Sunday, April 10, 2011

April 2011: The Ambassadors by Hans Holbein the Younger

A lot of my favorite paintings hang in London's National Gallery. I've been very blessed in my life to have visited the museum several times and each time I discover something new that takes my breath away. On my first visit, my son Alex and I walked past the painting, entitled, The Ambassadors (1533) by Hans Holbein the Younger (1497-1543). At first glance, it looks like a simple double portrait of some fancy-dressed guys. But when you look closer one sees a distorted skull in the foreground. The painting simply stopped us in our tracks. We were in awe, especially when we moved to the right and viewed a full version of the skull. 
Besides the skull, this painting is riddled with all sorts of interesting objects. In fact, it held the attention of my son for a good half hour and he was only 11 at the time. This picture is a prime example of how art can touch you.

The figures are two wealthy and powerful young men: Jean de Dinteville (29), French ambassador to England and to his right, stands Georges de Selve (25) bishop of Lavaur, some-time ambassador to the Holy See. Both are educated, as is demonstrated by the literature, music and globe. Along with the skull, all these symbolic objects have caused great discussion throughout the years.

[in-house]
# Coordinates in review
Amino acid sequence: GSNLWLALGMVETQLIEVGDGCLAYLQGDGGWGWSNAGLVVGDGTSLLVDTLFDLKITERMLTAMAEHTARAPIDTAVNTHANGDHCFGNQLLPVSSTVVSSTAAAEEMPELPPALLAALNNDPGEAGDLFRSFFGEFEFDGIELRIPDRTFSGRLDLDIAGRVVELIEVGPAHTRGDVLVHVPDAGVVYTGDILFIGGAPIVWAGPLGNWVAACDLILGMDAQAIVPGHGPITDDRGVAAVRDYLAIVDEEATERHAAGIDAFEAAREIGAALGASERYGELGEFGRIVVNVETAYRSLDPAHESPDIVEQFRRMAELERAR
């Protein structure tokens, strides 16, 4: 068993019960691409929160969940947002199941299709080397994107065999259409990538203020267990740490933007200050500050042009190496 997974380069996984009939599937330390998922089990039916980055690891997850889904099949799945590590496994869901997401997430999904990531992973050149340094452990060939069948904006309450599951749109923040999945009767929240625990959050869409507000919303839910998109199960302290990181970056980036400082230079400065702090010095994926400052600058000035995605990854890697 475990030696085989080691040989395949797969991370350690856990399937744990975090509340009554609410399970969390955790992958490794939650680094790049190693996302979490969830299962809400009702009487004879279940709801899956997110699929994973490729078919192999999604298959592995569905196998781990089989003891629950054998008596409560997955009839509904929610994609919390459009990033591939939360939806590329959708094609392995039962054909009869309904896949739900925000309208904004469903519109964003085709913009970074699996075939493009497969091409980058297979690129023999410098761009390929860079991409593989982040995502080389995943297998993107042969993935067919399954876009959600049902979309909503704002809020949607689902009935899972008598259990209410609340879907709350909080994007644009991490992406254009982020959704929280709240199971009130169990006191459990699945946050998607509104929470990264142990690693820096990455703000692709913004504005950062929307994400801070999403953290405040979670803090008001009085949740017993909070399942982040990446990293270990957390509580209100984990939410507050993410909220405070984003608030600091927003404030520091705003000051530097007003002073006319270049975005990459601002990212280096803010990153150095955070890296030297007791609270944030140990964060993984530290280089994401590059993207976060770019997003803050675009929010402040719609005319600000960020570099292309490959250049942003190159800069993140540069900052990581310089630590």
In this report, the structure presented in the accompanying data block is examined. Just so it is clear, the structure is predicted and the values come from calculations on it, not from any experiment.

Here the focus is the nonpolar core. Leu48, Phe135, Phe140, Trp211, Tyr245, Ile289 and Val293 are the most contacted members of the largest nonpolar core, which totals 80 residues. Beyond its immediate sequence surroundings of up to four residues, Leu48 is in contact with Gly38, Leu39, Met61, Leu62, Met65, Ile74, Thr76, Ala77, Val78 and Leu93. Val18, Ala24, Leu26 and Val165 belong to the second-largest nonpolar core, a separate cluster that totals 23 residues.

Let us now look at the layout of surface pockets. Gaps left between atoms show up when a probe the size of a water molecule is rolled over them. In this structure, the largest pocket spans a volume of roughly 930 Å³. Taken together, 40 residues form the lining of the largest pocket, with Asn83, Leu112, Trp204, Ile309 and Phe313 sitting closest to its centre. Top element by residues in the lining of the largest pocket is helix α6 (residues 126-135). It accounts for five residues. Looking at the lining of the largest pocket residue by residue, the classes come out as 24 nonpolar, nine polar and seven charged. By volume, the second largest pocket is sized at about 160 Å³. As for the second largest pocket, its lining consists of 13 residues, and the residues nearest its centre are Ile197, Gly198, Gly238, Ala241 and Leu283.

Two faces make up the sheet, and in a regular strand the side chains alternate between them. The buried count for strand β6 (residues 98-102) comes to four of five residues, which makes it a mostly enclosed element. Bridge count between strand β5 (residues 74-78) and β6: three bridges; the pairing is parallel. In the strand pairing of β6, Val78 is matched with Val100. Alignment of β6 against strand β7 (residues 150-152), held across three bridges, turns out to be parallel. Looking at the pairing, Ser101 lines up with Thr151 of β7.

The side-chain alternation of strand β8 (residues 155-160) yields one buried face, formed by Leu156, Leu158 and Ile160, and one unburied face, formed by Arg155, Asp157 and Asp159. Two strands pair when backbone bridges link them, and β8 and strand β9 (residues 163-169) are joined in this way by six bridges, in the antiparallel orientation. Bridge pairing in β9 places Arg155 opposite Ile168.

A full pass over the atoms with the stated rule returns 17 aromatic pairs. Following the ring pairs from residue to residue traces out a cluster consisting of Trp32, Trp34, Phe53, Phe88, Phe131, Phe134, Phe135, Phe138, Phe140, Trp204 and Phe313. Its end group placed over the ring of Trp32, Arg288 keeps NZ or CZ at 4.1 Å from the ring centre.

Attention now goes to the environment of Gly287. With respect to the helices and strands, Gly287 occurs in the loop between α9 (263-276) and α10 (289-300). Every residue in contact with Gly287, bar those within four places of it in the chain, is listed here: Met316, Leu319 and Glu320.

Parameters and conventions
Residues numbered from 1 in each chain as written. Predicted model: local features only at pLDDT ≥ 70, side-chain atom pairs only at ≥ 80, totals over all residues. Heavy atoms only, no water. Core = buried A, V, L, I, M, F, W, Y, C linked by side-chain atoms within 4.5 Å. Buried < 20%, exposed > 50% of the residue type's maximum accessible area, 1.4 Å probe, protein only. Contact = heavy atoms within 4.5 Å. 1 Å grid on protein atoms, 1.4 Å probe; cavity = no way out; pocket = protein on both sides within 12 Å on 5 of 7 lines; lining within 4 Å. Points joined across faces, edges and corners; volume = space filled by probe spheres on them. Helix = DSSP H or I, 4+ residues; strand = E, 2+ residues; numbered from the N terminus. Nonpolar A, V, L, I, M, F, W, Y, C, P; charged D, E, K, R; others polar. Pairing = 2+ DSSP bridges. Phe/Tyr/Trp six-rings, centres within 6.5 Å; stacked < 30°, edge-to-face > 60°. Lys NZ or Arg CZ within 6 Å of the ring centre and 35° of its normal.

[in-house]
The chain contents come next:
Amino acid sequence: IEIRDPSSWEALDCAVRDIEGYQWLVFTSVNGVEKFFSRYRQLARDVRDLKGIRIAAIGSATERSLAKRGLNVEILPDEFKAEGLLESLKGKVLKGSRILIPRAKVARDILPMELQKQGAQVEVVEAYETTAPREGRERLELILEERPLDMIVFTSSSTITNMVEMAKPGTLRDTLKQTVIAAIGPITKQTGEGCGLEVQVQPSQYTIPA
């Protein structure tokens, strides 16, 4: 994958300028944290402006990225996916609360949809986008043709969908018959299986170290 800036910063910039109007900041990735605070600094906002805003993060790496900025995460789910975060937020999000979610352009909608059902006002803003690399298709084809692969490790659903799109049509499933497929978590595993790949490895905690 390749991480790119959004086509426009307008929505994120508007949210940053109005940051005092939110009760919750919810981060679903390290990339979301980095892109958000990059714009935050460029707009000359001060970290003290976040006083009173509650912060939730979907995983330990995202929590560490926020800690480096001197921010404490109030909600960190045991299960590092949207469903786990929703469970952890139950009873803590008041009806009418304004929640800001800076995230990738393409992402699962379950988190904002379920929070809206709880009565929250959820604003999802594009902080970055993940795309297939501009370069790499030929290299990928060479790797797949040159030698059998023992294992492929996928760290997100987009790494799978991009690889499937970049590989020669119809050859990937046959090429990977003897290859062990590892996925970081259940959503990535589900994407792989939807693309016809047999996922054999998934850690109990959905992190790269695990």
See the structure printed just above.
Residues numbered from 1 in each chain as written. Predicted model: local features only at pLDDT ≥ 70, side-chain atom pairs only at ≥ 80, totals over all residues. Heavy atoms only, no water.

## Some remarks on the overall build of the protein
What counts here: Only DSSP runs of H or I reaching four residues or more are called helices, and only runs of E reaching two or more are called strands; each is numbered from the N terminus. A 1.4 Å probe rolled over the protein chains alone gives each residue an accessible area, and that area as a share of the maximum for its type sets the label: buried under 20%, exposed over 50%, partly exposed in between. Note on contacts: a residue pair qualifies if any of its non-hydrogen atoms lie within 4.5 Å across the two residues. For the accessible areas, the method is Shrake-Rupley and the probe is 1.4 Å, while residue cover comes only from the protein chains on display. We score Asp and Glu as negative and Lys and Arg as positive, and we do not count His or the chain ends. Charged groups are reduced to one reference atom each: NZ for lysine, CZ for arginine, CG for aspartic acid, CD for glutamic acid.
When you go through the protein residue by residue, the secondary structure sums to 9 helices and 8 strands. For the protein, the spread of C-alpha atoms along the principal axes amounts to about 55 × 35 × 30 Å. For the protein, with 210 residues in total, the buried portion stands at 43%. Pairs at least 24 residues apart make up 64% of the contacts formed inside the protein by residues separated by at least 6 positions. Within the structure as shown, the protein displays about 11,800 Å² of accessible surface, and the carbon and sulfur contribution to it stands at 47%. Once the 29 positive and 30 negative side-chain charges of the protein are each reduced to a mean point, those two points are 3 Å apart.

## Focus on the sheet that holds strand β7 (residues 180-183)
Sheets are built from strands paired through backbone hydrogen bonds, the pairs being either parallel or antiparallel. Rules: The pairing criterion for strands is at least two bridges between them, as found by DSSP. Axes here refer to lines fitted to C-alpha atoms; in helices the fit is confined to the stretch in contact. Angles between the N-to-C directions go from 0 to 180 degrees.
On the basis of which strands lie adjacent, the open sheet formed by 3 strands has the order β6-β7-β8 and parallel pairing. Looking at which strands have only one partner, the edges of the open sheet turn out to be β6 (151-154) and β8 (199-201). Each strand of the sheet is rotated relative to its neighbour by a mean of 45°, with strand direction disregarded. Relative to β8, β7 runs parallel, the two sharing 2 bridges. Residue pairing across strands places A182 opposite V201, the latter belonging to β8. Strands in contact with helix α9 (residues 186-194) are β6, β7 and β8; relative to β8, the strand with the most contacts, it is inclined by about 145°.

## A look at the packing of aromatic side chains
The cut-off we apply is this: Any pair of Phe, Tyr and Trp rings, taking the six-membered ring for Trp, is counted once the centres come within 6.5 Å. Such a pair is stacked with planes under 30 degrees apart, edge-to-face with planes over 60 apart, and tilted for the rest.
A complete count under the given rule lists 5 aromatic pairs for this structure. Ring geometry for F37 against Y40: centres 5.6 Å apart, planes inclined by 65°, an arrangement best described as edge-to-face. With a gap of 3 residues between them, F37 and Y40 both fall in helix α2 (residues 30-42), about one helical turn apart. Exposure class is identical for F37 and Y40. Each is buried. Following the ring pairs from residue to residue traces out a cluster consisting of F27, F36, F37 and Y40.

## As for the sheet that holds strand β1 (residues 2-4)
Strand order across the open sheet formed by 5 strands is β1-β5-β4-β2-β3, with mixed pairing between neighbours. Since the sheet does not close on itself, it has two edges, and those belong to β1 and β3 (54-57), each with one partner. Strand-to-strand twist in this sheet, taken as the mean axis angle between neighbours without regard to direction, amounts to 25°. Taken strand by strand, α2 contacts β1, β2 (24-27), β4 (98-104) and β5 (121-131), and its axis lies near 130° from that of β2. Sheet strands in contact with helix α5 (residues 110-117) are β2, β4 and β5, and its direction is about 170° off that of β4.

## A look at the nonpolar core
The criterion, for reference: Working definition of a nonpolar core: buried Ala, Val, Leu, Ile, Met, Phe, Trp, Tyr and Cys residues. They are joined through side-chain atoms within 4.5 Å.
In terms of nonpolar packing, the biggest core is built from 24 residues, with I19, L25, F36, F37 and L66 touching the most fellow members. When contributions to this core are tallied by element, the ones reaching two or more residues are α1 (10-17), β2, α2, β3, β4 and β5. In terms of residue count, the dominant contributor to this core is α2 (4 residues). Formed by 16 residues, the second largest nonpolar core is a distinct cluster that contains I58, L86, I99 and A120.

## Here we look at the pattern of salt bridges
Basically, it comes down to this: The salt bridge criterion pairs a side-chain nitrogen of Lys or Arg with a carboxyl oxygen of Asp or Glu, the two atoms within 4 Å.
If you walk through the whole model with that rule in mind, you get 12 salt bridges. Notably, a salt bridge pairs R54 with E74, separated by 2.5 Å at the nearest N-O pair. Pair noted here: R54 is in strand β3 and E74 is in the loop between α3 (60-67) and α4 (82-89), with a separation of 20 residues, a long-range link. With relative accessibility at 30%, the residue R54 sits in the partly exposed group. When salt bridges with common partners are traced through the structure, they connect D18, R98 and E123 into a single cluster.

The skull viewed from the right.
Above you can see the distorted skull in full view when standing to the right of the painting. This distortion is called anamorphic perspective. Today we see this type of rendering with street artists, who create depth-like chalk paintings in sidewalks.
Swimming Pool in the High Street by Julian Beever 
I am fascinated with this type of art, one which I marvel at every time someone sends me a sampling of an artist's work. It's like eye candy. Do I know how they do it? No. As with everything, I suppose I could always learn. But like learning a magic trick, it's sometimes better to keep it a mystery. This way, I stand in front of The Ambassadors (or a beautifully executed chalk painting) and just be mystified. Do you want to see it directly at London's National Gallery? Then click here to see it in room four:

Next month, I'll cover another painting at the National Gallery, which tops my list for my all-time favorite: The Execution of Lady Jane Grey (1833), by Paul Delaroche.

Until then, I hope the sun comes out soon and brightens your life!